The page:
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Compassion is taking its toll on nurses
It is a prerequisite of their job that nurses are compassionate and caring towards patients. However, this emotional connection could be taking its toll on the wellbeing of such professionals, according to new research being presented today (January 8th) at the British Psychological Society's Division of Occupational Psychology annual conference in Brighton.
A team led by Professor Gail Kinman and Sandra Leggetter from the University of Bedfordshire asked 351 nurses to fill in questionnaires about their lives at work and at home.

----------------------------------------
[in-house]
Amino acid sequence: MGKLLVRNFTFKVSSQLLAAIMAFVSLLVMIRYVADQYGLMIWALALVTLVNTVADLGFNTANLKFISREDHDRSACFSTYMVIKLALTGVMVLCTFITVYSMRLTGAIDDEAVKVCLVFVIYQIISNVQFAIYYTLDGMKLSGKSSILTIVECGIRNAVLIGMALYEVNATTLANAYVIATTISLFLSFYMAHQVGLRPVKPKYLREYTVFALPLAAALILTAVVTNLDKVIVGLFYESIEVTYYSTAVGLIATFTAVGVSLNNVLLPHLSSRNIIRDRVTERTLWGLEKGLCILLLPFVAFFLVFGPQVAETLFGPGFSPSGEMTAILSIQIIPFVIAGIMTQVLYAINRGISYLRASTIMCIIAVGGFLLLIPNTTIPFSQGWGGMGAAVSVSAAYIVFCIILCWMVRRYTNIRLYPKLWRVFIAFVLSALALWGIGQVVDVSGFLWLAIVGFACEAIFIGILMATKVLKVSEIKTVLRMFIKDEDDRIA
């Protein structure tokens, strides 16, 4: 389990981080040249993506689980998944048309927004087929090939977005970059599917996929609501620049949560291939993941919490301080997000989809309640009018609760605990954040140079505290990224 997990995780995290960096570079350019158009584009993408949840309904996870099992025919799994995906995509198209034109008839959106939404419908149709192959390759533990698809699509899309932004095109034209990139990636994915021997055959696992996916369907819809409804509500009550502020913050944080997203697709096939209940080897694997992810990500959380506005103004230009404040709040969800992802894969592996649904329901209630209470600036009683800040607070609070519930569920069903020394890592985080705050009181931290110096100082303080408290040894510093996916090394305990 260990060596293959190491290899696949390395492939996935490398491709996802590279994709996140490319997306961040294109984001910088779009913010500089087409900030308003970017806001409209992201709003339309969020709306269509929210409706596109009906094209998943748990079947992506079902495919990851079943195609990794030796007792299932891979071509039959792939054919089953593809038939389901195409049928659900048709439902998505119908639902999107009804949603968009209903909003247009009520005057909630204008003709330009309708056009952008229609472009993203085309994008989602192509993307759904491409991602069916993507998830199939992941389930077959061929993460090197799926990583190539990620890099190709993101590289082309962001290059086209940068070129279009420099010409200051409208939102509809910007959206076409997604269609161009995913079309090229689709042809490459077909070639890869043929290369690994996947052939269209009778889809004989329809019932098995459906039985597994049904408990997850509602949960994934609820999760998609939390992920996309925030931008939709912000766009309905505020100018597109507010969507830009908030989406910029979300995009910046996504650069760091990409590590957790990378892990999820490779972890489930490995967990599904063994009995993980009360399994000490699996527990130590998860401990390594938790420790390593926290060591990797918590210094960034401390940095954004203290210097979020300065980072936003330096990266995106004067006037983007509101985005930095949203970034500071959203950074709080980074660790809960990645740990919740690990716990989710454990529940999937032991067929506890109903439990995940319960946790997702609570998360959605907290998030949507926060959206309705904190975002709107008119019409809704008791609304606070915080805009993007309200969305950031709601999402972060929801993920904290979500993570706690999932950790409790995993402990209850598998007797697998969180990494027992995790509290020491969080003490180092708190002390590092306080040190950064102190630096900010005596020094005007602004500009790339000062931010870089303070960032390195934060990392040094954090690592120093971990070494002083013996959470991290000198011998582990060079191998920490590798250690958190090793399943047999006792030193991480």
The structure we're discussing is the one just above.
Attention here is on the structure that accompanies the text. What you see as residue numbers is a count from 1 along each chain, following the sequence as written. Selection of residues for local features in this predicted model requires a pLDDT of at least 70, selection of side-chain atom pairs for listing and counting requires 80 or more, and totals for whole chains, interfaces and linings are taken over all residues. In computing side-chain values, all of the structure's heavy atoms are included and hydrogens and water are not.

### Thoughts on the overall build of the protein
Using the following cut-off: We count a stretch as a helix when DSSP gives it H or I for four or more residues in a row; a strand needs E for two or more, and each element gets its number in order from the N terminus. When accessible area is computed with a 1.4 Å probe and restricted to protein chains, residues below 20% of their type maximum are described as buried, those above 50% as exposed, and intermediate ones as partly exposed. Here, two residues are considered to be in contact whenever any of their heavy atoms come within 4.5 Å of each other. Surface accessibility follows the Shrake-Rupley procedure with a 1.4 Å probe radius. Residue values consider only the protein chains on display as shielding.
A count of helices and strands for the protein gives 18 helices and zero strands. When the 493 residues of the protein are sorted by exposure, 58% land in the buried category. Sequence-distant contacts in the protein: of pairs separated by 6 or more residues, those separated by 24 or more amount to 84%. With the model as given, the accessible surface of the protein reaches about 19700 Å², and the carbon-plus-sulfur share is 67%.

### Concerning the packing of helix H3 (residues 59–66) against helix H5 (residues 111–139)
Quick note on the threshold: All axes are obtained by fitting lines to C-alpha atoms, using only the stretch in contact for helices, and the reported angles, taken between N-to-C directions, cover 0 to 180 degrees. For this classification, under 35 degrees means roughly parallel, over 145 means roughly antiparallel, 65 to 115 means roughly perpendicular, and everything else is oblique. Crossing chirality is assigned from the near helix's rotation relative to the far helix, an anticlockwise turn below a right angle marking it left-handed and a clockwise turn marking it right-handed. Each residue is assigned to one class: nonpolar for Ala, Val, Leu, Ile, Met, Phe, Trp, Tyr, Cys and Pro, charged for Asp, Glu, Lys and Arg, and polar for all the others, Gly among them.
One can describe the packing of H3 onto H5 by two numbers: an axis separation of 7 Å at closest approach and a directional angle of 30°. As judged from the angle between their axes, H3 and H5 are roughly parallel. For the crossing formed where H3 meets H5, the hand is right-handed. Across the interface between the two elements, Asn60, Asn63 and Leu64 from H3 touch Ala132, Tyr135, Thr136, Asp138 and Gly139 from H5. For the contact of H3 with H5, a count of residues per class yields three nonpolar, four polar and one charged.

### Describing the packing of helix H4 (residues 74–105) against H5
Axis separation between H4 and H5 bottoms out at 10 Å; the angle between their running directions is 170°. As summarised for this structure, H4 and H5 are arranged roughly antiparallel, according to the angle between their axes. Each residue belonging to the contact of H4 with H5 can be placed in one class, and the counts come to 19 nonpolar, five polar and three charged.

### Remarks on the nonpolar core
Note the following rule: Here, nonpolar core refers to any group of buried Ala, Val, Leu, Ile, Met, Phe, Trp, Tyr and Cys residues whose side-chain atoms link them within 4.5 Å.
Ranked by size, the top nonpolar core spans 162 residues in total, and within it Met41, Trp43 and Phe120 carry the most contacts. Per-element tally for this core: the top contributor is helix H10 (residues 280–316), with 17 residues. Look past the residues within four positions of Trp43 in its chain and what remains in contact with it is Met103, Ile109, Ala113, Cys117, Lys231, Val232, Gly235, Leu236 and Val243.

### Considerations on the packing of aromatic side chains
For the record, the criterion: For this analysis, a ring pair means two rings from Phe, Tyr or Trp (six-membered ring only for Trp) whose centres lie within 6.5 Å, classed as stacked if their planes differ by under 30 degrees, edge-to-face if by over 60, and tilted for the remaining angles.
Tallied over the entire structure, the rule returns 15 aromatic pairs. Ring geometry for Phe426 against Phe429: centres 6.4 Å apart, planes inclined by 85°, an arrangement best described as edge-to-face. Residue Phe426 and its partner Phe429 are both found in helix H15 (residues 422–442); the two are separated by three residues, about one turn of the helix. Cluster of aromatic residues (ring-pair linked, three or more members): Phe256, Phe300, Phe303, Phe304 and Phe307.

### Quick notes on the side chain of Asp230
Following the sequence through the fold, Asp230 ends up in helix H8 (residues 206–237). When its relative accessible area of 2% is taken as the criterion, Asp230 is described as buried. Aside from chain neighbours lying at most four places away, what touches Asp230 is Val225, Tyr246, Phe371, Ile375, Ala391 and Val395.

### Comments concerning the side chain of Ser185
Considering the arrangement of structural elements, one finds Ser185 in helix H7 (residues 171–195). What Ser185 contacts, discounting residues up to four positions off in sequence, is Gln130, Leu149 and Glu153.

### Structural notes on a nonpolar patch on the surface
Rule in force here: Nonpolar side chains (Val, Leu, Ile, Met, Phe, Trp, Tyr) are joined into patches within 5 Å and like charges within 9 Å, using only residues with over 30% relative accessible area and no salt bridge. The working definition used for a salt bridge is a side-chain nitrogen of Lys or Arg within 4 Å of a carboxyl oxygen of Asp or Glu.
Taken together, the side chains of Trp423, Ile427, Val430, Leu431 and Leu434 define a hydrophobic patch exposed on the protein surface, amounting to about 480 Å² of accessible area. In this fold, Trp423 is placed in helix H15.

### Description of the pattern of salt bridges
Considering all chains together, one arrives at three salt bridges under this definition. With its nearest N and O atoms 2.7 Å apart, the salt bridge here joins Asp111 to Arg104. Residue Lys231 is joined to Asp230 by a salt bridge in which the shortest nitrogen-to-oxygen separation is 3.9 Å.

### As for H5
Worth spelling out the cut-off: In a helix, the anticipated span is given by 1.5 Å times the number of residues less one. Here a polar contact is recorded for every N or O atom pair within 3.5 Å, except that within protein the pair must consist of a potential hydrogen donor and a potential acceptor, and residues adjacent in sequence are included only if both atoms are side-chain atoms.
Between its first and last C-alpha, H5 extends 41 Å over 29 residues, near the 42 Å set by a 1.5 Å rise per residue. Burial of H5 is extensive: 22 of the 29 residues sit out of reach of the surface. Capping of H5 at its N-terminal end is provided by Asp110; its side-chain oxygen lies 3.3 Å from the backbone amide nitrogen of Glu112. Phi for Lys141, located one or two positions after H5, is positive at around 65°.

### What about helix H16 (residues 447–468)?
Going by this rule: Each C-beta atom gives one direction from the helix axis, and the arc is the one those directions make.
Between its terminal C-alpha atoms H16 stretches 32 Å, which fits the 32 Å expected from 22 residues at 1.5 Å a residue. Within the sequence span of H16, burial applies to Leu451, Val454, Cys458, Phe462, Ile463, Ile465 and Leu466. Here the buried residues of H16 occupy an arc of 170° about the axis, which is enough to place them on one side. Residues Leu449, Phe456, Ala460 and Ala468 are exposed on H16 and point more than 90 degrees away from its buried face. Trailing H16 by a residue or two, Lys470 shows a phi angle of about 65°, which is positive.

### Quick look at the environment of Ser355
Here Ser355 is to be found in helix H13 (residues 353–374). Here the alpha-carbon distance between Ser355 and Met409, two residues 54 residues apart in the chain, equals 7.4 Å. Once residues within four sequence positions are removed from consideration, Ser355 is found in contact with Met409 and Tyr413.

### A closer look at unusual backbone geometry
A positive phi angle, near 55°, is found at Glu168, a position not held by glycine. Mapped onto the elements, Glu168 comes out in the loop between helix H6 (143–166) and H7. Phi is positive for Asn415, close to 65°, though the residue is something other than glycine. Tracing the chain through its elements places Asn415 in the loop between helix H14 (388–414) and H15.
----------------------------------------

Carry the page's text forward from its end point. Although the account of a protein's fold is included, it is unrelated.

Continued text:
It was discovered that those who needed to display high levels of compassion and empathy on a daily basis - perhaps including hospice and children's nurses - were more likely to feel emotionally exhausted than their counterparts who could be more relaxed.
This detrimental effect on their wellbeing also spilt over into their free time, which could cause problems at home and strain relationships with family members.
"Further research is needed to develop interventions that will help nurses learn to deliver compassionate, patient-centred care while maintaining the emotional boundaries that will protect their own wellbeing," said Professor Kinman.
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